Example: Web Server App Authenticating with NHS Digital OAuth
Server to server authentication has the simplest flow, using the client credentials flow. However, this reduces the security of the connection, so it is important to add extra levels to ensure the identity of the calling server. Private Key JWT client authentication adds extra security and is a more modern, and more flexible, alternative to TLS Mutual Authentication.
This example as the following key features:
- OAuth Client credentials flow
- .NET Core website authenticating with an NHS OAuth server followed by calling NHS APIs
- Publication of public key within a JWKS
- Secure key storage with Azure Key Vault
This solution has a number of features, but if you don’t understand OAuth Client Authentication with private key JWT — you must read up (see the bottom of this article for the details).
- Authentication & authorisation is carried out by an NHS OAuth server
- The authorisation is a binary access or deny
- Uses standard Microsoft libraries
- Uses Azure Key Vault to securely store a single pfx file
- A single pfx file is used to create the JWKS and sign the authentication JWT
Once the access token has been issued by NHS Digital:
- Access token must stay on the server
- No Refresh tokens are issued in client credentials flow
- This example makes a call to a randomly selected NHS API
- Client side code for this to work? None
Building the solution — the nitty gritty
The sample was created in Visual Studio 2019, key aspects:
- ASP.NET Core Web App
- Web Application — 3.1, select No Authentication and Configure for HTTPS
- NuGet packages: “System.IdentityModel.Tokens.Jwt” — Microsoft standard JWT libraries; “IdentityModel” — helper library for OAuth and OIDC;
- NuGet packages for Azure: “Azure.Identity”; “Azure.Extensions.AspNetCore.Configuration.Secrets”
As with all the examples I have done, there are better ways to structure projects and files — however, the focus here is on providing concise examples grouping the related code together in specific files.
How does this work in a project?
This is a very compact example, all the hard work is triggered on the loading of the “System to System Call” page. Infact, if you don’t want to publish your JWKS endpoint as part of this application, nor use Azure — there are only two files with relevant code in:
- SysToSysCall.cshtml.cs — requests an Access Token and calls an API
- PrivateKeyJWTHandler.cs — classes to encapsulate creating the JWT
To manage the Azure Key Vault you also need to update:
- Program.cs — set up the Azure Identity and points to your Key Vault
If publishing the JWKS is needed, then this is done with some middleware:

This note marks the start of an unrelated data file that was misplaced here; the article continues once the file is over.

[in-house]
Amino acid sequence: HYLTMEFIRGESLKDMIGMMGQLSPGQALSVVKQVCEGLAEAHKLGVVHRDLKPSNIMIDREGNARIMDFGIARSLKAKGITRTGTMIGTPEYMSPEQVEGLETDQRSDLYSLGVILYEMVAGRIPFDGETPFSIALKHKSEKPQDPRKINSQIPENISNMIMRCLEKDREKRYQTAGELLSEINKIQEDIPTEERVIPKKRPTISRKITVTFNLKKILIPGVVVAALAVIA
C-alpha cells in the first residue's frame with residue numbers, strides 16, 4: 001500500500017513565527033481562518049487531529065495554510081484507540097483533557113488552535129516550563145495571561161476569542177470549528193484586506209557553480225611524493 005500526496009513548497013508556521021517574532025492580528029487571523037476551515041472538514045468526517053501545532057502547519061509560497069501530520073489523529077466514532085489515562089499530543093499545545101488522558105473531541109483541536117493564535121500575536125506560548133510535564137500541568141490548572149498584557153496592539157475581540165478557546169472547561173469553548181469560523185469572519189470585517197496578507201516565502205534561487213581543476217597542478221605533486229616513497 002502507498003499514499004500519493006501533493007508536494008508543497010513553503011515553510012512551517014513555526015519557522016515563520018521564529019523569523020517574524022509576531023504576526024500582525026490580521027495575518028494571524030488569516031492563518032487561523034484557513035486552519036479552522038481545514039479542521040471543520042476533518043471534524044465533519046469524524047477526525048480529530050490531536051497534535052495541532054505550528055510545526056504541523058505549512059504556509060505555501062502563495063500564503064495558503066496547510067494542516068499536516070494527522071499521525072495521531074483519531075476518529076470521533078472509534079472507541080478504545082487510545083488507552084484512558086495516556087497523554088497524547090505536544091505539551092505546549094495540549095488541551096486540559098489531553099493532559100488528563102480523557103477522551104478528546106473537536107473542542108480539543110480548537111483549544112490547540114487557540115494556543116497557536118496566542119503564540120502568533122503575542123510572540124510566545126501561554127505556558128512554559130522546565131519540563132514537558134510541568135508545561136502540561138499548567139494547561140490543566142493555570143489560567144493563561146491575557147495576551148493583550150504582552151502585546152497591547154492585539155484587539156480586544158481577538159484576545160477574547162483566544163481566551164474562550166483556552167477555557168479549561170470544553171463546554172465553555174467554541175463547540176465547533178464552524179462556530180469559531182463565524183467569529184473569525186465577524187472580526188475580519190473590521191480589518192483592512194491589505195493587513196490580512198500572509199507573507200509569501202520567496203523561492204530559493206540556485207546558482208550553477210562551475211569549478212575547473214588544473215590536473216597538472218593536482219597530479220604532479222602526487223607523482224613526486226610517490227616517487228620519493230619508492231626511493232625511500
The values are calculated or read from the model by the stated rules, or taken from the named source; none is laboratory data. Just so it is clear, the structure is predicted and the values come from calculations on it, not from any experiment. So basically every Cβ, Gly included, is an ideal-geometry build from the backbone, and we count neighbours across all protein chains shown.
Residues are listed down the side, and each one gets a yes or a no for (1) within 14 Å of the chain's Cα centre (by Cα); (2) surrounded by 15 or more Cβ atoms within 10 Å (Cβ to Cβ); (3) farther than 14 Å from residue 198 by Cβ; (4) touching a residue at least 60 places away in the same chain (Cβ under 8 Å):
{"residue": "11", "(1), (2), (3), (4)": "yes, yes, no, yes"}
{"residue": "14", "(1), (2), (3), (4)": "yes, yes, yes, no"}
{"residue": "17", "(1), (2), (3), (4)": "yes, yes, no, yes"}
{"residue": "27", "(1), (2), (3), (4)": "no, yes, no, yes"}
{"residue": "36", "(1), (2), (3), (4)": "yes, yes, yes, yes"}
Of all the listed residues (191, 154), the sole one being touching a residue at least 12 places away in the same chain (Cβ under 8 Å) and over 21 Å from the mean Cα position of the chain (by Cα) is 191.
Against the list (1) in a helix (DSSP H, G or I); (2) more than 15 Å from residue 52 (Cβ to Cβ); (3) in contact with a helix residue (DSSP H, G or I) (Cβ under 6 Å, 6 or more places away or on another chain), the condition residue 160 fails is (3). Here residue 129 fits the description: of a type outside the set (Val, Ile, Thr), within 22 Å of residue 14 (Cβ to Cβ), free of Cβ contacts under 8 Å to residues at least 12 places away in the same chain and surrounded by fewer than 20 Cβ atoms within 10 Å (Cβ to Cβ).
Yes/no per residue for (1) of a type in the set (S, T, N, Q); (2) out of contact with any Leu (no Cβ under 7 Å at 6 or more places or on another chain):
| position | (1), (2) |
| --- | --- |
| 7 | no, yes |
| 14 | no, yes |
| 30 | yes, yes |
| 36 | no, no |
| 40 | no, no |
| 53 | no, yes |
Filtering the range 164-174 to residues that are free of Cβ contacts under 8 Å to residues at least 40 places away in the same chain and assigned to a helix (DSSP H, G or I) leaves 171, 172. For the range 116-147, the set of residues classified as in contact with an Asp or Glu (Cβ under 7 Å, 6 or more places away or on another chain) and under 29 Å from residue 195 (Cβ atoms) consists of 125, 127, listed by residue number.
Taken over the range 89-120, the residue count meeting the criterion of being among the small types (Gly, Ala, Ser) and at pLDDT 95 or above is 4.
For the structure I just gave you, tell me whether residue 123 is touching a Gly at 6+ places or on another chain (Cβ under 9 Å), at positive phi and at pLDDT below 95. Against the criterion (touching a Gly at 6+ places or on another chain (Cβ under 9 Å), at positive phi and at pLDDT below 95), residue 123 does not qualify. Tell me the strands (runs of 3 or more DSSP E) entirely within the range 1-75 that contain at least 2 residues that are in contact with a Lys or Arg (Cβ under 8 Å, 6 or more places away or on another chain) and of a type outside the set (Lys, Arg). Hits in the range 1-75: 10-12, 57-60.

- Startup.cs — middleware service added to intercept and serve a JWKS file
- PrivateKeyJWTHandler.cs — contains the middleware code
Either open the Razor page called “SysToSysCall” from the project, or open (in another window) the GitHub SysToSysCall.cshtml.cs file.
The file itself has comments in around each code block, fairly easy to follow. However, to better understand what is going on, the important objects / statements are:
ClientCredentialsTokenRequest class is from the IdentityModel package and is used to manage all the properties to make the Client Credentials request. Main items to configure:
- Token endpoint details — as there is only one endpoint for this flow, simply set this value. There is no point using the OIDC well-known configuration to lookup the token endpoint
- Client Id
- Client Assertion
IdentityModel also includes the class ClientAssertion to manage the process of configuring this (including the setting of private key).
Once everything is configured then the HttpClient extension method RequestClientCredentialsTokenAsync() to carry out authentication and authorisation.
This class would normally split across a number of files, but this demo is about showing how only a few extra classes can deliver a fully functional OAuth client so it has been left as a single file.
Either open the file from the project, or open (in another window) the GitHub PrivateKeyJWTHandler.cs file in another window.
If you don’t need to publish a JWKS endpoint, then you only need to consider the PrivateKeyJWTHandler class. This is made up of two methods:
- ClientAuthJwtCreate() is the key method, and once more makes use of the IdentityModel package to encapsulate the management of this process.
- CertifcateForPrivatePublicKeyPair() is a support method to retrieve a certificate which contains the private public key pair
Inside ClientAuthJwtCreate() it creates and signs a JWT for the client authentication, through the use of CreateJwtSecurityToken() method.
When creating the JWT, the following are the mandatory claims needed under the standards:
The changes in this file are only to add Azure Vault support using ConfigureAppConfiguration() in CreateHostBuilder(). This picks up on the in-built security of an Azure Web App that recognises the context and is provisioned with the relevant Azure Credentials.
See Program.cs on GitHub
Publishing a JWKS Endpoint with Middleware
The elegance of the JWT and JWKS interaction (particularly the reduced management and seamless key rollover benefits) can get lost with all the focus of setting up a service.
In this example, hopefully, you can see that once you’ve created your key pair — it is trivially easy to sign your Client Authentication JWT and to publish the related Public Key in a JWKS.
The only hidden aspect, in this example, is the “kid” value. This is the unique key that ties the private key to the correct public key in the JWKS — see the “Magic of JWKS” below. It is hidden because IdentityModel uses the thumbprint of the public key as the kid.
The JWKS endpoint middleware is configured and loaded here.
Either open the file from the project, or open (in another window) the GitHub Startup.cs file in another window.
The middleware addition happens in just two lines of code:
- JWKSPublicEndpoint middleware class is added in ConfigureServices()
- Then in Configure() it calls the UseJWKSPublicEndpointMiddleware() extension
Either open the file from the project, or open (in another window) the GitHub PrivateKeyJWTHandler.cs file in another window.
The middleware region in the handler file has one key class JWKSPublicEndpoint. It’s InvokeAsync() method looks at the incoming request and intercepts if the path is “/.well-known/jwks.json” and uses the JWKSGenerate() method to create a string with the JWKS in. This method uses the standard Microsoft JsonWebKeyConverter class to do this. This is a bit “dirty” for the following reasons: